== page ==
How The Blogosphere Really Works -- And What It Means For Education Blogs

This week's New York magazine has a cover package about, among other things, the powerful impact of being "first to market" when it comes to how much readership blogs get and how many people link to them.

There's lots for education blogs to learn from this -- and I think I've figured out at least a couple of the most obvious lessons. You may not like them.


The first and most obvious lesson from the article is one that many may have already figured out on their own: Sites like JoanneJacobs' site are more popular to some substantial degree because they got there first.*

It may cost nothing to start a blog and post your thoughts, but the blogosphere is not purely a meritocracy. Sure, Joanne is smart and posts interesting things in an easily accessible way. But so does nearly everyone else -- and some sites are arguably better than hers. She's not necessarily the first to notice something, and doesn't necessarily find things that others haven't already found. Nor does she usually do more than recap the article she's found, which some like me think is an important addition.

But you know all this already -- and none of it really matters, apparently. Joanne was among the first to start an education blog, and, as the New York article explains, this makes all the difference and always will. She's first into the education space, she's at the very least decent at what she does, and so everyone puts her on their blogroll just like hotels used to put Gideon bibles in bedside drawers. A link from her means lots of hits, theoretically, so everyone's nice to her (it's not hard she's actually very nice). The only ways to break through the ceiling set by the early arrivals, according to the article, is to post more and better than they do, earlier in the day, and to bring in celebrity bloggers and a PR department (like the Huffington Post).

Even more important, however, the article highlights the possibility that none of the current batch of education blogs are doing what more and more successful blogs have done: attaching themselves to larger media organizations (Mickey Kaus and Slate, AndrewSullivan and Time), networking blogs together to hit different areas of interest (Nick Denton), or -- my favorite -- bridging the gap between MSM and blogs to create sites that combine speed and commentary with original reporting and research. That's where I'm headed.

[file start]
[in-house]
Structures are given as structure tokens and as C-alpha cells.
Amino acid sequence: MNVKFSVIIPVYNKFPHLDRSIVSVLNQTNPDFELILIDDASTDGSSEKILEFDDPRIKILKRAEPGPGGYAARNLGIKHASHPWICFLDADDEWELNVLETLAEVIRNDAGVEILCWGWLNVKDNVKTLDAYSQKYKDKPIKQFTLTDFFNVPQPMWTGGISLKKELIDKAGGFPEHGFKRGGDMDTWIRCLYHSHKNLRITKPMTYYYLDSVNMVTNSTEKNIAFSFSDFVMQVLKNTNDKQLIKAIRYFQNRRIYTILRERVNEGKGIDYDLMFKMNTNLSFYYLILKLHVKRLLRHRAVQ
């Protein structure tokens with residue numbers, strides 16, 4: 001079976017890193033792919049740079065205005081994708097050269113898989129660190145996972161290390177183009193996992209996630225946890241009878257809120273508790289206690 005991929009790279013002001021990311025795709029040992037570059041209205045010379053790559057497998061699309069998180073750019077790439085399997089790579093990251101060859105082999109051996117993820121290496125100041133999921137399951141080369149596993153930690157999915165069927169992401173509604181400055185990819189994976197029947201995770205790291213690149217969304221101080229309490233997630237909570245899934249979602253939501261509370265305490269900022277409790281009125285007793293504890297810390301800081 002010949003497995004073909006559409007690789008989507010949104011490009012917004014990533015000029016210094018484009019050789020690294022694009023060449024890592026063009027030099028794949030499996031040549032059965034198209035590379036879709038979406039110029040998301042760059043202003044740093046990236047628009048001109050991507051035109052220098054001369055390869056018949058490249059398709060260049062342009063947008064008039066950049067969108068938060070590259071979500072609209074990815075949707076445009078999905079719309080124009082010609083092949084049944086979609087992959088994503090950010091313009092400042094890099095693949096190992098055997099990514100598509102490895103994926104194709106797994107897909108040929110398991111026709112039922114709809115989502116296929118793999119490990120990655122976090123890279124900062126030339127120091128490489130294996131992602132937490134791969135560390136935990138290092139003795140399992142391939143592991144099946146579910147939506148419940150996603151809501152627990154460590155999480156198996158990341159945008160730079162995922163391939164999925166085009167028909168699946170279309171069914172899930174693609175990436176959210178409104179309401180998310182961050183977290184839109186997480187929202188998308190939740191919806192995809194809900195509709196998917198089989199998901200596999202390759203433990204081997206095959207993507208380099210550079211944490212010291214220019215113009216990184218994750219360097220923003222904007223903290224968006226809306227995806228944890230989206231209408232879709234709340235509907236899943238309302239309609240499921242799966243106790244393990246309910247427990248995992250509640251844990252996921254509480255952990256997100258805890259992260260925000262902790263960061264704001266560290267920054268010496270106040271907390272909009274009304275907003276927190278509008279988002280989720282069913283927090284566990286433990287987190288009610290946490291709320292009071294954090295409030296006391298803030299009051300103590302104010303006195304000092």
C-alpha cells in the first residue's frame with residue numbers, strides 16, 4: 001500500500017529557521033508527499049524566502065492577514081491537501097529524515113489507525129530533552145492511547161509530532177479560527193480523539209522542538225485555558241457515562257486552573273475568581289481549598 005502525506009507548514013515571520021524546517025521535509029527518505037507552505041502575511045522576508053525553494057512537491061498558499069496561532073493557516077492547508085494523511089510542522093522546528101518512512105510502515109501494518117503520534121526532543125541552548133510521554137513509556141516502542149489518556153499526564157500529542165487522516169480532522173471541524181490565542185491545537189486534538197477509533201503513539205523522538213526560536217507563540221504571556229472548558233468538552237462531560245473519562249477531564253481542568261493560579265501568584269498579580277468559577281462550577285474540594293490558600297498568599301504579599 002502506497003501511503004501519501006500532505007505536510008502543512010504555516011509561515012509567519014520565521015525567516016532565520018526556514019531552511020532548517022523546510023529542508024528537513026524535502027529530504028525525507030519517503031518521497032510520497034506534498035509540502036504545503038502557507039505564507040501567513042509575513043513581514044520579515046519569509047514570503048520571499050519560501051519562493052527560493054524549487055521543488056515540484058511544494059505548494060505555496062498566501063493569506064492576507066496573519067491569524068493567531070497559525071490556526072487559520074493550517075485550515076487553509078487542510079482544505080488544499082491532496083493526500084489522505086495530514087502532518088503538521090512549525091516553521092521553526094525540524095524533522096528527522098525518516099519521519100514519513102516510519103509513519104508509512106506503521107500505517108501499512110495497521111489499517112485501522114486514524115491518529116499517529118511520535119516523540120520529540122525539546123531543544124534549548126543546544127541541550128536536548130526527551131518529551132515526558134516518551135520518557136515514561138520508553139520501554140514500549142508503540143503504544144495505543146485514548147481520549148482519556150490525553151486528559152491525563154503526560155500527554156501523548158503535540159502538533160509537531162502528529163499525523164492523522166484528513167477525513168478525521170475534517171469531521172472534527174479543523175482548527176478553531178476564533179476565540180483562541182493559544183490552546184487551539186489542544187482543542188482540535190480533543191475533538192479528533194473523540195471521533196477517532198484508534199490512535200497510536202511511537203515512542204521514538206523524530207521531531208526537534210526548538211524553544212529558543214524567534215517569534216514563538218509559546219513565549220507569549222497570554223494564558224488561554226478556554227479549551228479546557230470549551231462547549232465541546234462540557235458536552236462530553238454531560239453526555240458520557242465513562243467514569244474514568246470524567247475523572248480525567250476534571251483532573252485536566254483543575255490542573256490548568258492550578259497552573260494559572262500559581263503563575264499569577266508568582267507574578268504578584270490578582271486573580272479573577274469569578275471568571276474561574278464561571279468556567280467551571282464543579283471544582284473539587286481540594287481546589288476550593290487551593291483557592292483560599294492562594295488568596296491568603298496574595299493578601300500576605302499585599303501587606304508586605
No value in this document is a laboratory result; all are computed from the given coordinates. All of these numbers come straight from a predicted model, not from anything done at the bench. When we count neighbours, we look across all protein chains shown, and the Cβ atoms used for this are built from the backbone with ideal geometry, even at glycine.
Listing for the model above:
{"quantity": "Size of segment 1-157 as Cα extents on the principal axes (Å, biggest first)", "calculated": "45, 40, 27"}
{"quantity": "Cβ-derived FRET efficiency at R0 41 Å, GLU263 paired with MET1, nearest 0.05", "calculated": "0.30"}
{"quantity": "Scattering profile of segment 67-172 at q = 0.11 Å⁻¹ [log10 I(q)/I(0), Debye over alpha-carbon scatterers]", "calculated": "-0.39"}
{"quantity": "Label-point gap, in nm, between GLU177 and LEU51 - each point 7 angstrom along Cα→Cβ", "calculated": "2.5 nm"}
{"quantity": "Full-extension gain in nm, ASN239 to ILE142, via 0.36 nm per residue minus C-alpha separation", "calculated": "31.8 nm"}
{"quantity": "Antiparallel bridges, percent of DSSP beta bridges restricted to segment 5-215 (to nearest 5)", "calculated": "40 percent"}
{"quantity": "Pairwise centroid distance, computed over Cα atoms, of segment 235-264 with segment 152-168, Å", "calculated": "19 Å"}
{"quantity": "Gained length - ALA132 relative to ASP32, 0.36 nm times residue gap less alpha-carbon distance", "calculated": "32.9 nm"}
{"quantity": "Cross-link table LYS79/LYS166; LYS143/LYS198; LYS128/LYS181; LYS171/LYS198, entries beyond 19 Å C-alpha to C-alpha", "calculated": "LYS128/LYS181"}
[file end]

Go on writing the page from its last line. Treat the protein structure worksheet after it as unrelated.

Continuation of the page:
There's lots more there, but I've already held this post a day and can't wait any longer for other bloggers' thoughts. I wonder if they'll link to me if they post on this?

*I don't have stats on which education sites get the most readers or the most inbound links and don't even know how I'd research them if I had the time -- do you?


Blogger KC said...

Without spending the time to read the NY magazine article...

I think the world of ed blogs is very different from the normal blogosphere for a whole lot of reasons. And I question how true, and how applicalble, the CW about blog hierarchies is for ed blogs.

Stepping back a bit, the supposed network effect and first-mover advantage appears to be over-blown for all blogs. Looks at this years bloggies and notice that in every category new blogs have risen to the top. First shaker status sure does help. But only if you deliver the goods. Overall, the blog world continues to grow and new voices continue to rise.

I don't think there is a network effect for ed blogs. We are way out of the mainstream chasing a fairly select demographic. Since the demographic is so disperse, the network effect is that much weaker. Not nil, but not that big either.

Our demographic is not the most techno savy and not the kind of early adopter that will flock to the latest thing. Hell, most of the folks I deal with are still learning email. Forget IM. Blogs are either unheard of or not part of their web habits. The notion that user prefernces have been set, or some status quo established is pretty dubious. The field is still wide open. This may be less true for higer ed, but it is way true for the K-12 world.

And in my opinion, the ed blog world is ripe for the taking if the purveyors of email news lists like edupage or PEN. If they would wake up and venture into blogs, they would bring with them larger audiences than the biggest of the current ed blogs. They own the mindshare now. If they clink to their '90s tools we may steal it from them. But if they want the market, they already own it.

6:03 PM  

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